Older kids have a chance to score big as part of the Knights of Columbus basketball competition. Any youth aged 10 to 14 who sinks a half-court shot wins a $100 savings bond, courtesy of Iberia Bank, said Dameron, who is the bank’s local branch manager and VP.

The event will also include tennis, a potluck supper, free childcare services, giveaways including free T-shirts for the first 300 visitors, and adult volleyball competition.

While there are new programs and a new look, some things at the Y won’t change, said Dameron — the core Judeo-Christian values and the strong commitment to building healthy families and a healthy community.

If you go

What: Join the Greater Marco Family YMCA as they celebrate a brand new day at the Y!

When: 4-7 p.m., Monday

Details: Fee T-t shirts for first 300 people; free balloons for the kids; free food and beverages; tours of the facility; free fingerprinting by the Marco Police Department; entertainment and more.

© 2010 marconews.com. All rights reserved. This material may not be published, broadcast, rewritten or redistributed.

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Comments » 4

Shadyglasses writes:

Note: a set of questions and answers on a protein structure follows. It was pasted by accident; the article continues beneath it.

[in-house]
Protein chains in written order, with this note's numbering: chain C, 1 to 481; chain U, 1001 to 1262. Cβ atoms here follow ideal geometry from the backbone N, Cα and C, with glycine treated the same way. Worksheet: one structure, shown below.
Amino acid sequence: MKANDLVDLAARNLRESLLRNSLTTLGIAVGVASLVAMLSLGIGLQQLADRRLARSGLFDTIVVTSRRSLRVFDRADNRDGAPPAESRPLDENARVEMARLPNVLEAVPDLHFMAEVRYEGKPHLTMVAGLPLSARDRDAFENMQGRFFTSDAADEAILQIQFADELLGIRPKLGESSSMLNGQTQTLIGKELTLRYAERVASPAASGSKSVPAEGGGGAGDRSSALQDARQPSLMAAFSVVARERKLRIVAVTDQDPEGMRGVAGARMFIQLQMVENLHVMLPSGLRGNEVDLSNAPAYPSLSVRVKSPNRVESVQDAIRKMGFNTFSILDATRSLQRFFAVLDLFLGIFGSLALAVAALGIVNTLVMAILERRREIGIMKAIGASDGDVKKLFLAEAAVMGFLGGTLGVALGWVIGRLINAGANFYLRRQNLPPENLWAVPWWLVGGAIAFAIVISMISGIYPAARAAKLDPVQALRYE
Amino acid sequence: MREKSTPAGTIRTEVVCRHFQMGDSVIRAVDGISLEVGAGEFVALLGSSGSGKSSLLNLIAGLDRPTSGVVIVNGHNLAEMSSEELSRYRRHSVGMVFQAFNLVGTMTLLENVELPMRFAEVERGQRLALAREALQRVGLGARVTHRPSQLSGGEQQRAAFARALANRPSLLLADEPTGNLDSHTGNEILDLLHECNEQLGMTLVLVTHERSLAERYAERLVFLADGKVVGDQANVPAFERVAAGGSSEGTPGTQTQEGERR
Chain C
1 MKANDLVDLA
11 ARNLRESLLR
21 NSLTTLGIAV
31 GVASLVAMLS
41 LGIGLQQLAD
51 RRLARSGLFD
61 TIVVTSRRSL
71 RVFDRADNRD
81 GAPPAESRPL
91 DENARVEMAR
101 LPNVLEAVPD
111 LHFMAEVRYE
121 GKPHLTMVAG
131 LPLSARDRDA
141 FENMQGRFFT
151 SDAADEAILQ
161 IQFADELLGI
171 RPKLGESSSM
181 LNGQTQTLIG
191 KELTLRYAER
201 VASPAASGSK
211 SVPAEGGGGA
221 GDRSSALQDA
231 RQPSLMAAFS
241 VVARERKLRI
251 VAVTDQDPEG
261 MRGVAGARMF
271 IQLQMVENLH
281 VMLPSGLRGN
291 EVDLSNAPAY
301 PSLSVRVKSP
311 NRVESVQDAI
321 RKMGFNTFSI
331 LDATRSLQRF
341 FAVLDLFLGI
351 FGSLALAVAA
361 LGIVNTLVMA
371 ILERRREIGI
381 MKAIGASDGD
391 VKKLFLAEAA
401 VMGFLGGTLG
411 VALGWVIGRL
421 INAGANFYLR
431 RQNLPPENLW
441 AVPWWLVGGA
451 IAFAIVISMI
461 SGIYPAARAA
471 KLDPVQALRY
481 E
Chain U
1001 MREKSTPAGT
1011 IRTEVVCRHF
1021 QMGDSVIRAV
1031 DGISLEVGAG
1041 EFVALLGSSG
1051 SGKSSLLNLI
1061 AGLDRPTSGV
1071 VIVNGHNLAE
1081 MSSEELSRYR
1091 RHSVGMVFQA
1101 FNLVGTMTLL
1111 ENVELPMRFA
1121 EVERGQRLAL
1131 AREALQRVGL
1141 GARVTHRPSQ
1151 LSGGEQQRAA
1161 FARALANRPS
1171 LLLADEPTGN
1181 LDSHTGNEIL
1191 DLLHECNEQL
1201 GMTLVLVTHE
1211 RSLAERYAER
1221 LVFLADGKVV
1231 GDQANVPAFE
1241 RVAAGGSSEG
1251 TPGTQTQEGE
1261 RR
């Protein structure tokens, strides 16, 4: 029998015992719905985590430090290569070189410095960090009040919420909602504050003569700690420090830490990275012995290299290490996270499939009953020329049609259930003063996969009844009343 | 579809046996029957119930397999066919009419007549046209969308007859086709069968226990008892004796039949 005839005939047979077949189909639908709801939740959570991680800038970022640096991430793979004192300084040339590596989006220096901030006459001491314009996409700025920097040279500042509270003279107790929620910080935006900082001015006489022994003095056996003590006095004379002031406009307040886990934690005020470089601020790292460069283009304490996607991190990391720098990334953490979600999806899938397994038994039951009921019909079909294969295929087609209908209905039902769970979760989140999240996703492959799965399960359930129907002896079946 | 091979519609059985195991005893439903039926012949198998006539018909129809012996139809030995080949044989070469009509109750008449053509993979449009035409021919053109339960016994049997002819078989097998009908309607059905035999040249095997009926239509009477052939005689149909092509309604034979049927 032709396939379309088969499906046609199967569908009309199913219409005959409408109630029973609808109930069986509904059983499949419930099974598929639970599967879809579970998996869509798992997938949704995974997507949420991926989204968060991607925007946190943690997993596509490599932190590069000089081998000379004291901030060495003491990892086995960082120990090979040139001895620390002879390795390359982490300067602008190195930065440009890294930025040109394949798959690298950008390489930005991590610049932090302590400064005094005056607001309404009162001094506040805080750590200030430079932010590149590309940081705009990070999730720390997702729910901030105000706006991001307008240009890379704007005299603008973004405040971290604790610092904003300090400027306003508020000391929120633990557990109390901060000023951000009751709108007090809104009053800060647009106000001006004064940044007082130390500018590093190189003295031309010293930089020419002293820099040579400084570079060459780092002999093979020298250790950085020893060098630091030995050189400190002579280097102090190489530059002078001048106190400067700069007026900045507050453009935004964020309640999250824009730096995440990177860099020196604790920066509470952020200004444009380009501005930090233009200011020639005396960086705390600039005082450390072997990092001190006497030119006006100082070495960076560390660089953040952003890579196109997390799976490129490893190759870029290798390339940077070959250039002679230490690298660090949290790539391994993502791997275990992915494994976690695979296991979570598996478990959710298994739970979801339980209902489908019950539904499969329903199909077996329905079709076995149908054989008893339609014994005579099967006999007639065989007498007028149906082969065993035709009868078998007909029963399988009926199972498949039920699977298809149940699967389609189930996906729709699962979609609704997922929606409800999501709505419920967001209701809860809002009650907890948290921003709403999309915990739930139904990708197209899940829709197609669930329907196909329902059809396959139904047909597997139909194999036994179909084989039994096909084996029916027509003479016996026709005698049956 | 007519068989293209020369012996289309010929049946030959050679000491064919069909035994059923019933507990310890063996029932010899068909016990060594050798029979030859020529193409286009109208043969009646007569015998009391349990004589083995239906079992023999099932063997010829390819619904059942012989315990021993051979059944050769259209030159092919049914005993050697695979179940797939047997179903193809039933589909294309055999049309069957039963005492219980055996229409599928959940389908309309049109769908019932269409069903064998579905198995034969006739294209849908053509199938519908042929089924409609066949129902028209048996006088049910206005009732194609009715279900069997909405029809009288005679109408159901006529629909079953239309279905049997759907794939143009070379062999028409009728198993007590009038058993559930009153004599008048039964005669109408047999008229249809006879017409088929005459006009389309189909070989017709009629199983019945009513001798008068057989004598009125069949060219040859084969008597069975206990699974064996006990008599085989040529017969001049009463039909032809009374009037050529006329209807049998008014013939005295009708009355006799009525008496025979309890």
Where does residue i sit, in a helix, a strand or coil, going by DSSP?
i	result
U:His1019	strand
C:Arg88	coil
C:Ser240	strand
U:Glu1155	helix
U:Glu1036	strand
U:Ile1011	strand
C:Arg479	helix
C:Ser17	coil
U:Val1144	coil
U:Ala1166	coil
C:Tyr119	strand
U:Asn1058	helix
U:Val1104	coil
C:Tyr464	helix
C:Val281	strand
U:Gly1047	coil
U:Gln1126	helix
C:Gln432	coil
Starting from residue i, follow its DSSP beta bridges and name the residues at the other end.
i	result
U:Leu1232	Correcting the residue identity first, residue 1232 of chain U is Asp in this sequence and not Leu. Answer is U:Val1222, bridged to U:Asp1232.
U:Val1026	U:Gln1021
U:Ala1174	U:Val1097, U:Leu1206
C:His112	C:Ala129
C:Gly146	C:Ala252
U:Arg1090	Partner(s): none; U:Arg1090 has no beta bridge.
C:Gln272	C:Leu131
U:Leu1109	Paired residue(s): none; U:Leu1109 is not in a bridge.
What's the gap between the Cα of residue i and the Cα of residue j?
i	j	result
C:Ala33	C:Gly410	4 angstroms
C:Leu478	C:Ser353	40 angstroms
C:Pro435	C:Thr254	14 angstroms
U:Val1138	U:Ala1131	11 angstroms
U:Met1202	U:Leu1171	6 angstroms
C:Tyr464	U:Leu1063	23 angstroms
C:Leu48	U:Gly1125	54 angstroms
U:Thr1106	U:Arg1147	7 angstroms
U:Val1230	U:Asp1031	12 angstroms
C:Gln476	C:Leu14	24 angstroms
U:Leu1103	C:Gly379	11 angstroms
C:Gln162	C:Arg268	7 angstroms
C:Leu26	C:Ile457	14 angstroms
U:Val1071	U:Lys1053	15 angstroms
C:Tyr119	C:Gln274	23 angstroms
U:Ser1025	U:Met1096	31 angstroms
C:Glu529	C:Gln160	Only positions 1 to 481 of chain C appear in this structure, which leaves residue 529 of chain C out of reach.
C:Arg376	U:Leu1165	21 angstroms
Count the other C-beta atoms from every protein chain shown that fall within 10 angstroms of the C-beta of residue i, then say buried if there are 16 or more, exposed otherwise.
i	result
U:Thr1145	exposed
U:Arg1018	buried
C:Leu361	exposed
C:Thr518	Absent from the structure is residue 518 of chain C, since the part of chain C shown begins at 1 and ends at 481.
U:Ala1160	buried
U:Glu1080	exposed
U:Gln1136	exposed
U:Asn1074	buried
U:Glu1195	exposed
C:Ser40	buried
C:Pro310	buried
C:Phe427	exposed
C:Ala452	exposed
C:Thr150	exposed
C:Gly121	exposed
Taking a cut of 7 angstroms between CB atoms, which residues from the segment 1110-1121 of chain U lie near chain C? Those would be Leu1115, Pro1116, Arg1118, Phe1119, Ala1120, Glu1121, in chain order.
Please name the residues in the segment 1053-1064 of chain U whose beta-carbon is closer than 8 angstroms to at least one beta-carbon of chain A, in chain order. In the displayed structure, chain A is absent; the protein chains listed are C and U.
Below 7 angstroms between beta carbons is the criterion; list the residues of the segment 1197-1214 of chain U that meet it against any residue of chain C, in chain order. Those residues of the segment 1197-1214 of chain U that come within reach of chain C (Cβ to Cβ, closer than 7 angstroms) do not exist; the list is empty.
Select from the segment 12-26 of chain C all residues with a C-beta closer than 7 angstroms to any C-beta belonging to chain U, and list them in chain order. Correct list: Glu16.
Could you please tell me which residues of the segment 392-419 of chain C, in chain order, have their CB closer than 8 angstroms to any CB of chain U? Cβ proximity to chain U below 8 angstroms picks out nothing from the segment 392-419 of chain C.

cmonmanreally writes:

New look, same old crappy programs that Marco families bite their tongues over. Be gone with Mr. Love's (George) wife as CEO and the Marco Y will flourish, thrive, and actually begin to experience success.

RayPray writes:

Historically the YMCA was a prime cruising venu for homosexuals.

From glbtq:

"Cruising at the YMCA offered men a number of denial strategies. The physical facilities offered evidence that a man desired self-improvement but not proof that he accepted a homosexual identity. Yet it remained easy for a man to place himself in a situation where sex might occur. Many who participated in the thriving cruising scene in the YMCA remained closeted or self-identified as heterosexual outside of the building.

The 1940s through the 1960s witnessed the heyday of cruising at the YMCA. As the YMCA became associated in the public mind with virility, it attracted muscle men and lovers of muscle men. Members of the armed services and the working class were pulled into the YMCA by outreach programs that unintentionally also brought men who desired soldiers, sailors, and construction workers. It is this image of the YMCA as a sexual paradise that became immortalized in song by the gay-themed disco group The Village People in 1978.

The double entendre-filled "YMCA" featured a chorus of "They have everything for you men to enjoy, you can hang out with all the boys."

In the decades when homosexuality remained underground, the YMCA provided a safe meeting place for gay men."

happyhorowitz34145 writes:

What a joke!
Dameron says "family-friendly progarams and help kids link up with your local Y".
The Marco Y does not care for kids and only wants tennis for old farts.
Case in point: Baseball park donated by Marco family in honor of thier son to the Y and after a few years and the fund money was used up, the Y tears it up and makes a parking lot and new tennis courts.
Case in point: The y builds a skateboard park and when it becomes succesful. with competitions and Friday night skates and all day Saturday skates they close the park.
The Marco Y hates kids!!!